Renting to friends? Not necessarily recommended…


So, a friend’s sister wants to buy a duplex, and has friends lined up to live in the other half. A great idea? Probably not.

ON THE ONE HAND…. (pros)

  • They already have tenants lined up. They don’t have to put an expensive ad in the newspaper, or go through the trouble of re-posting their rental ad on craig’s list every other day (or every single day). They don’t have to do a gazillion showings, and field phone calls from dozens of unqualified apartement-seekers.
  • They’ll already know their neighbors In an owner-occupied situation, the lifestyle of your neighbors (i.e. tenants) comes much more into play than it would for a standard investment property with an off-site landlord. If you rent to friends, they likely have a similar lifestyle to you, and keep similar hours. You can have fun parties that involve both units, and don’t have to worry about bothering the tenants (because they’ll also be at the party).
  • They probably won’t have to do much screening And maybe they should, but they likely won’t feel like they can, their tenants being their friends and all. They probably would feel very invasive pulling credit reports and calling the employers of their close friends. So they’ll take their word for it, as they believe them to be trustworthy individuals.
  • An informal relationship when it comes to repairs I have some friends who started out renting to friends when they first bought their (also owner-occupied) duplex. They didn’t keep a very formal policy as far as notice to enter the apartment, and didn’t stress out about getting repairs done on the spot. Their friends were patient with them if they weren’t able to get things fixed right away, and sometimes helped out with the repairs.

So, renting to friends sounds (thus far) like all fun and games. Not necessarily, though. You know how people tell you never to borrow money to family? Getting into a landlord/tenant relationship with close friends can be a similar story. While my friends (who rented to their friends) had a good relationship with their tenants/neighbors/friends socially, financially it was a bit of a different story…

ON THE OTHER HAND…. (cons)

  • Informal relationships don’t mix well with money My friends were renting to a group of three people, one of whom paid her 1/3 of the security deposit before moving in. Another one was “a little short” and eventually paid half of his share of the security deposit several months into the lease. The third never paid at all. Because of this “informal relationship,” the landlord didn’t follow the standard protocol of collecting the security deposit at the time of the lease signing (actually, they probably didn’t even sign the lease before move-in day). They were friends, after all, they trusted them to pay it… and the tenants felt that they wouldn’t damage anything anyway, so what’s the point of the security deposit?…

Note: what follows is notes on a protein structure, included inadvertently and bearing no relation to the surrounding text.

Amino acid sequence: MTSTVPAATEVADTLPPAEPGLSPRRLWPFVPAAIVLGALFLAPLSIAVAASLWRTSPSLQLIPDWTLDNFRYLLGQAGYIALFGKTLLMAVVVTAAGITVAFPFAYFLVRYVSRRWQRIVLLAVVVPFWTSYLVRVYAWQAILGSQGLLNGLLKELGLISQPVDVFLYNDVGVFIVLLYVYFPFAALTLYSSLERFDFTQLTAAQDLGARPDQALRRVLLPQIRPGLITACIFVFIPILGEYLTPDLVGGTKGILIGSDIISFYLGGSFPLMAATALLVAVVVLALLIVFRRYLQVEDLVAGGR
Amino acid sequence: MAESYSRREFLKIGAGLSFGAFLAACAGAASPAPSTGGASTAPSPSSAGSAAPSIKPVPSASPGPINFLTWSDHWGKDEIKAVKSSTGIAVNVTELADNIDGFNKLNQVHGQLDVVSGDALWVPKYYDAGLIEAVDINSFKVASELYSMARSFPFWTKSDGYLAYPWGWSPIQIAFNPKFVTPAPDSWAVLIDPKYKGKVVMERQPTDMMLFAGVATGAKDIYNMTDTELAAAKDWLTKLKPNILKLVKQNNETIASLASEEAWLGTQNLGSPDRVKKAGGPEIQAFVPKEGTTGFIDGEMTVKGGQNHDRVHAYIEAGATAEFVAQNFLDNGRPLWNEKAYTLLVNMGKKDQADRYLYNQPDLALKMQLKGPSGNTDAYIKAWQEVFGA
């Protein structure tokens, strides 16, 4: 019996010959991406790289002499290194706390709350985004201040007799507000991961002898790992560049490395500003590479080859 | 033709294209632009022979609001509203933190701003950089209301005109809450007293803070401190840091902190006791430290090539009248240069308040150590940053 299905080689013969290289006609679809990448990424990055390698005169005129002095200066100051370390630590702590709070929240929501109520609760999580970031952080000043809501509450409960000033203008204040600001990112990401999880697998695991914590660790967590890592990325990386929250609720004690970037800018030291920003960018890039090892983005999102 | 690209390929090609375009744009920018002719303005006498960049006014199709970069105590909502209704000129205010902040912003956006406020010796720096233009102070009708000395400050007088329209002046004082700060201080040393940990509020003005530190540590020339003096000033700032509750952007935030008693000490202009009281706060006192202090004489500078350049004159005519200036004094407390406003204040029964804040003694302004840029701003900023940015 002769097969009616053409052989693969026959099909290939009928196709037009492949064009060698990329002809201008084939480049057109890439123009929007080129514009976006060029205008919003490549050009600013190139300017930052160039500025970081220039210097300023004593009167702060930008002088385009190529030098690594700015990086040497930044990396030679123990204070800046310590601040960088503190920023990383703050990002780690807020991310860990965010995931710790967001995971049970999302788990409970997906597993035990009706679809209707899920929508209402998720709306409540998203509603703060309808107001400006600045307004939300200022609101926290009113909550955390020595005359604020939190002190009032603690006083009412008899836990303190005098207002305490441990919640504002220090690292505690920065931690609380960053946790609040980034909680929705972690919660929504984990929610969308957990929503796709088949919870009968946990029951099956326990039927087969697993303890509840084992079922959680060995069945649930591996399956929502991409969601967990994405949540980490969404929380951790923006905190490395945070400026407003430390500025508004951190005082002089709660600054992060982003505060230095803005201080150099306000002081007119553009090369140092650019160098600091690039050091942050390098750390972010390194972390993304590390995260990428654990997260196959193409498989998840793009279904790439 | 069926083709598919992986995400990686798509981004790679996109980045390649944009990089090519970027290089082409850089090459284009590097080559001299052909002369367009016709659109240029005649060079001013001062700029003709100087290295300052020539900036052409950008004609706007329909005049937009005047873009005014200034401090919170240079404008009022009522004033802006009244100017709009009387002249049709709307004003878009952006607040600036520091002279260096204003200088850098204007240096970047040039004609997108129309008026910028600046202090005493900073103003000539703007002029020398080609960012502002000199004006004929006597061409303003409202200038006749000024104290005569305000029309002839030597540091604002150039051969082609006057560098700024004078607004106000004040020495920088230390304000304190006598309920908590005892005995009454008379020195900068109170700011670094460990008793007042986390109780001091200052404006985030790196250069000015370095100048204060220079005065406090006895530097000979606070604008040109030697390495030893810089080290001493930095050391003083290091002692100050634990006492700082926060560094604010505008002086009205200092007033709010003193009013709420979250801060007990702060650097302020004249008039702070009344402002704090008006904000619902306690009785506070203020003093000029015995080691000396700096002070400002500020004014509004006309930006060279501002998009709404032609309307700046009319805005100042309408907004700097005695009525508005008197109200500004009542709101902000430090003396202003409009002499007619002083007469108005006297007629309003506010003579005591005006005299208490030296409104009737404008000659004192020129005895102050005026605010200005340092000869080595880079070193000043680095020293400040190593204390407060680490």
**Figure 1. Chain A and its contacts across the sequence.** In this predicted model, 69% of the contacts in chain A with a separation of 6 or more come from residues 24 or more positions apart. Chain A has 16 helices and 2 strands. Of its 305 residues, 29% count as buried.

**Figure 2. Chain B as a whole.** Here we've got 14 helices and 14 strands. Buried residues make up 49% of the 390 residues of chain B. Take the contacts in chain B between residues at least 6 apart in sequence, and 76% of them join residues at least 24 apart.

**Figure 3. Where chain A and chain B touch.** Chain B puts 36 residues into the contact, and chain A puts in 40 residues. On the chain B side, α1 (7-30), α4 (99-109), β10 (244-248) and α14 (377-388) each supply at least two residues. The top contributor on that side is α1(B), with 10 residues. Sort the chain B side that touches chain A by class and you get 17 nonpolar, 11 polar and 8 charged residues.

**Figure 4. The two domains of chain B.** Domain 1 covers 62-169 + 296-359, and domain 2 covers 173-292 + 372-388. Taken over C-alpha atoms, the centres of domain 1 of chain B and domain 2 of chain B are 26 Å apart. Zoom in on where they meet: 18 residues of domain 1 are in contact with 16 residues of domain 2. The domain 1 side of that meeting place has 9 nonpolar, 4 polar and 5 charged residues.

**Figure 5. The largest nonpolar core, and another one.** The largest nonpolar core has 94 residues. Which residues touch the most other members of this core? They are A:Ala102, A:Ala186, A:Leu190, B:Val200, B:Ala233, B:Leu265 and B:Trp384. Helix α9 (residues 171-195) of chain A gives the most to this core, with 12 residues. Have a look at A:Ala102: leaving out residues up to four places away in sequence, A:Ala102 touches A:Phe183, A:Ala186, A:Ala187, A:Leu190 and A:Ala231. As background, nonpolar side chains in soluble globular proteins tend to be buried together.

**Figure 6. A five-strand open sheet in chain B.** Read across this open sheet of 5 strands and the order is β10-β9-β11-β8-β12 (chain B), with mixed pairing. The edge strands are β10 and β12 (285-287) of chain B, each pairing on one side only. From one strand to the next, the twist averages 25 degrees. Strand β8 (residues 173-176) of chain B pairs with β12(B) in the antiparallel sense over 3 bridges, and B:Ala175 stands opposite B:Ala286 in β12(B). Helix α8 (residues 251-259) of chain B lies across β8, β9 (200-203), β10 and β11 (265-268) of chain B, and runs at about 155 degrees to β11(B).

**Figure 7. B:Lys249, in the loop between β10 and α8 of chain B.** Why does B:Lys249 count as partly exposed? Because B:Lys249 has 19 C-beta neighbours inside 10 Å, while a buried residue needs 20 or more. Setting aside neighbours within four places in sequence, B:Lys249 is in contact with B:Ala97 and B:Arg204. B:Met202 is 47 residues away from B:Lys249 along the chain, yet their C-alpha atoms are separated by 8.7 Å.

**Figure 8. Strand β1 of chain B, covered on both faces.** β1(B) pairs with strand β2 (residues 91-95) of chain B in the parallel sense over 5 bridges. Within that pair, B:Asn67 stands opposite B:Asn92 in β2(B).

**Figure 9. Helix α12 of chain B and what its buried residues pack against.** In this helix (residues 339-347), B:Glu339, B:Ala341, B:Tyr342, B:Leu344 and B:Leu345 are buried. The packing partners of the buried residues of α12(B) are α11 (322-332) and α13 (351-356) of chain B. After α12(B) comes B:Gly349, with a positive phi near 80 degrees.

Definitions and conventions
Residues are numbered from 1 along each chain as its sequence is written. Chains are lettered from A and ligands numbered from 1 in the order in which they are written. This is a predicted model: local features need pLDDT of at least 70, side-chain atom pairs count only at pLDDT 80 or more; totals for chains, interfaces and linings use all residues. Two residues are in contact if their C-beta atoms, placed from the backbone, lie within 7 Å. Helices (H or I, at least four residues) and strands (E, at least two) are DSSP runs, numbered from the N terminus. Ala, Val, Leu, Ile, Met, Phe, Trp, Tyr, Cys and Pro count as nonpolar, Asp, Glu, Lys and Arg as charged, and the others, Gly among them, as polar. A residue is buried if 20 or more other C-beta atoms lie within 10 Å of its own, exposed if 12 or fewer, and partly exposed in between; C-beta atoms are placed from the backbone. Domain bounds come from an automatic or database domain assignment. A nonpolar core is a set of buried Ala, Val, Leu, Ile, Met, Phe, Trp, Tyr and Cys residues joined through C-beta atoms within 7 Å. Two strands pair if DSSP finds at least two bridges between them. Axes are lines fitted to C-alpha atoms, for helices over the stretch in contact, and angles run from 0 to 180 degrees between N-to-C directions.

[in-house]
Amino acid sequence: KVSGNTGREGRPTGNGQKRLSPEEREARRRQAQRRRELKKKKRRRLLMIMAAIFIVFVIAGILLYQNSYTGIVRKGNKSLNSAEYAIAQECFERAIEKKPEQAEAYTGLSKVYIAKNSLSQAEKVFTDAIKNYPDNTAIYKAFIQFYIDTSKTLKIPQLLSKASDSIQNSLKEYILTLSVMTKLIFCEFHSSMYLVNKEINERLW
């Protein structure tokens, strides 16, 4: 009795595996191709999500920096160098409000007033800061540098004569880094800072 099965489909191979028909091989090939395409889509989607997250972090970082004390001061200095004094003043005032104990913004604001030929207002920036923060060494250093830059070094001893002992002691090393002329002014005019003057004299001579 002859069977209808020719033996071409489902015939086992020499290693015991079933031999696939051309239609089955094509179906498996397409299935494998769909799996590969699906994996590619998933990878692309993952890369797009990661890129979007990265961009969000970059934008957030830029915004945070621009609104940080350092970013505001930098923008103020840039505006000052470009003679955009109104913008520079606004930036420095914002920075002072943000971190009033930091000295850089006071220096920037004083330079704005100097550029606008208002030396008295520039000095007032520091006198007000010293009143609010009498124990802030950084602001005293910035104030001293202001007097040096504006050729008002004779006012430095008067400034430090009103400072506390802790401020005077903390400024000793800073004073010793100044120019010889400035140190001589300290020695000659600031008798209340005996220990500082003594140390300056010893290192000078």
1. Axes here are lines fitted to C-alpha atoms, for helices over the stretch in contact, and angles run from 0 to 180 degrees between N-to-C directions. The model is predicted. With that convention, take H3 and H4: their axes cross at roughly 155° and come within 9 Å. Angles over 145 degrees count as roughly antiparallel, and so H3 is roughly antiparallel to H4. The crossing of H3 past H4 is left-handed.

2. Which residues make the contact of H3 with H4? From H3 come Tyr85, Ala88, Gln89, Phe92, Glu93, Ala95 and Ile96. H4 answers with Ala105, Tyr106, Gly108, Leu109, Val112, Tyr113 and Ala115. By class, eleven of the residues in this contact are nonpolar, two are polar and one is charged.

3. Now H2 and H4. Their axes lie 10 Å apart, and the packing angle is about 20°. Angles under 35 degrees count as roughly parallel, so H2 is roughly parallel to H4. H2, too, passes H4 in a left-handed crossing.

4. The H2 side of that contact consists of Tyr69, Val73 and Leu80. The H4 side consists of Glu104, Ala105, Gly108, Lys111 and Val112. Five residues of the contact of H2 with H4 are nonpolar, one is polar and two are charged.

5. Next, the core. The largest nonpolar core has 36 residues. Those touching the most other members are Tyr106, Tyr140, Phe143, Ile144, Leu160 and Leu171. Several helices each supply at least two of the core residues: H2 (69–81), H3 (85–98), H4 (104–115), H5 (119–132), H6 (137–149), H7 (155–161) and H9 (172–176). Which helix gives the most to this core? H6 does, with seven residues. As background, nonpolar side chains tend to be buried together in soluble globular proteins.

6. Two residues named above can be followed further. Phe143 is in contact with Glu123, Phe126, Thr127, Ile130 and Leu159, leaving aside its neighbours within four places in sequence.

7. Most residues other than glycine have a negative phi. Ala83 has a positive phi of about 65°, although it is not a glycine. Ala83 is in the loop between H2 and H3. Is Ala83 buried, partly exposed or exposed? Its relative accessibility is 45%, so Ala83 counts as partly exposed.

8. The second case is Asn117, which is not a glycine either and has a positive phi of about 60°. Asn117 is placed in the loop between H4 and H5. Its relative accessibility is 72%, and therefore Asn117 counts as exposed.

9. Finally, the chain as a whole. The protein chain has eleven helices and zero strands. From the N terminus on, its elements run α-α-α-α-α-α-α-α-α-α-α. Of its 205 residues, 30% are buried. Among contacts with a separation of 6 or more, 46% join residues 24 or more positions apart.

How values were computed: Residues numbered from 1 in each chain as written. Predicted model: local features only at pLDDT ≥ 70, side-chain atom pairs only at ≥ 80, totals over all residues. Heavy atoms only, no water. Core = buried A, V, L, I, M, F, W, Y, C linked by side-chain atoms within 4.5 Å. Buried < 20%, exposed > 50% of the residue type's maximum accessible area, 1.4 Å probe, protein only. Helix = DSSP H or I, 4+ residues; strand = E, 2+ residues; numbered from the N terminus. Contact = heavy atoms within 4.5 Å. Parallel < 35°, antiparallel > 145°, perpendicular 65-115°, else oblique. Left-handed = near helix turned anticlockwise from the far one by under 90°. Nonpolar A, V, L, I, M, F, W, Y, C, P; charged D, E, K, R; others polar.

• Rent also becomes much more informal Rent was paid in a very leisurely fashion.. Again, because the landlord felt bad bugging their friends about money, and the tenant friends (who got the idea that their landlord friends were ridiculously rich, what with being landlords and all), figured that they could just pay them when they saw them. Or when they got to it. Or whatever. Not a big deal among friends, right?
  • It was hard to lay down the law about moving out, too When it came time to show the apartment, these tenants kept he same leisurely attitude, and didn’t worry much about cleaning or keeping the apartment neat. On the first of the month (move-in day for the new tenants), they still hadn’t moved everything out, so it was up to the landlord to move all of their extraneous belongings into the garage (rather than declaring them abaondoned, or putting them out to the curb), since it was their friends’ stuff.

All of this to say, if you want to rent to friends, and you have friends who you can trust to be responsible and financially sound, maybe it’s not a terrible idea, but definitely (definitely) keep to the same protocol you would with anyone else. Which is the hard part. But once you start letting things slide… who knows how far it’ll go. Keeping a formal relationship with friend-tenants is probably the best way to make sure that you’re all still friends by the time they move out…


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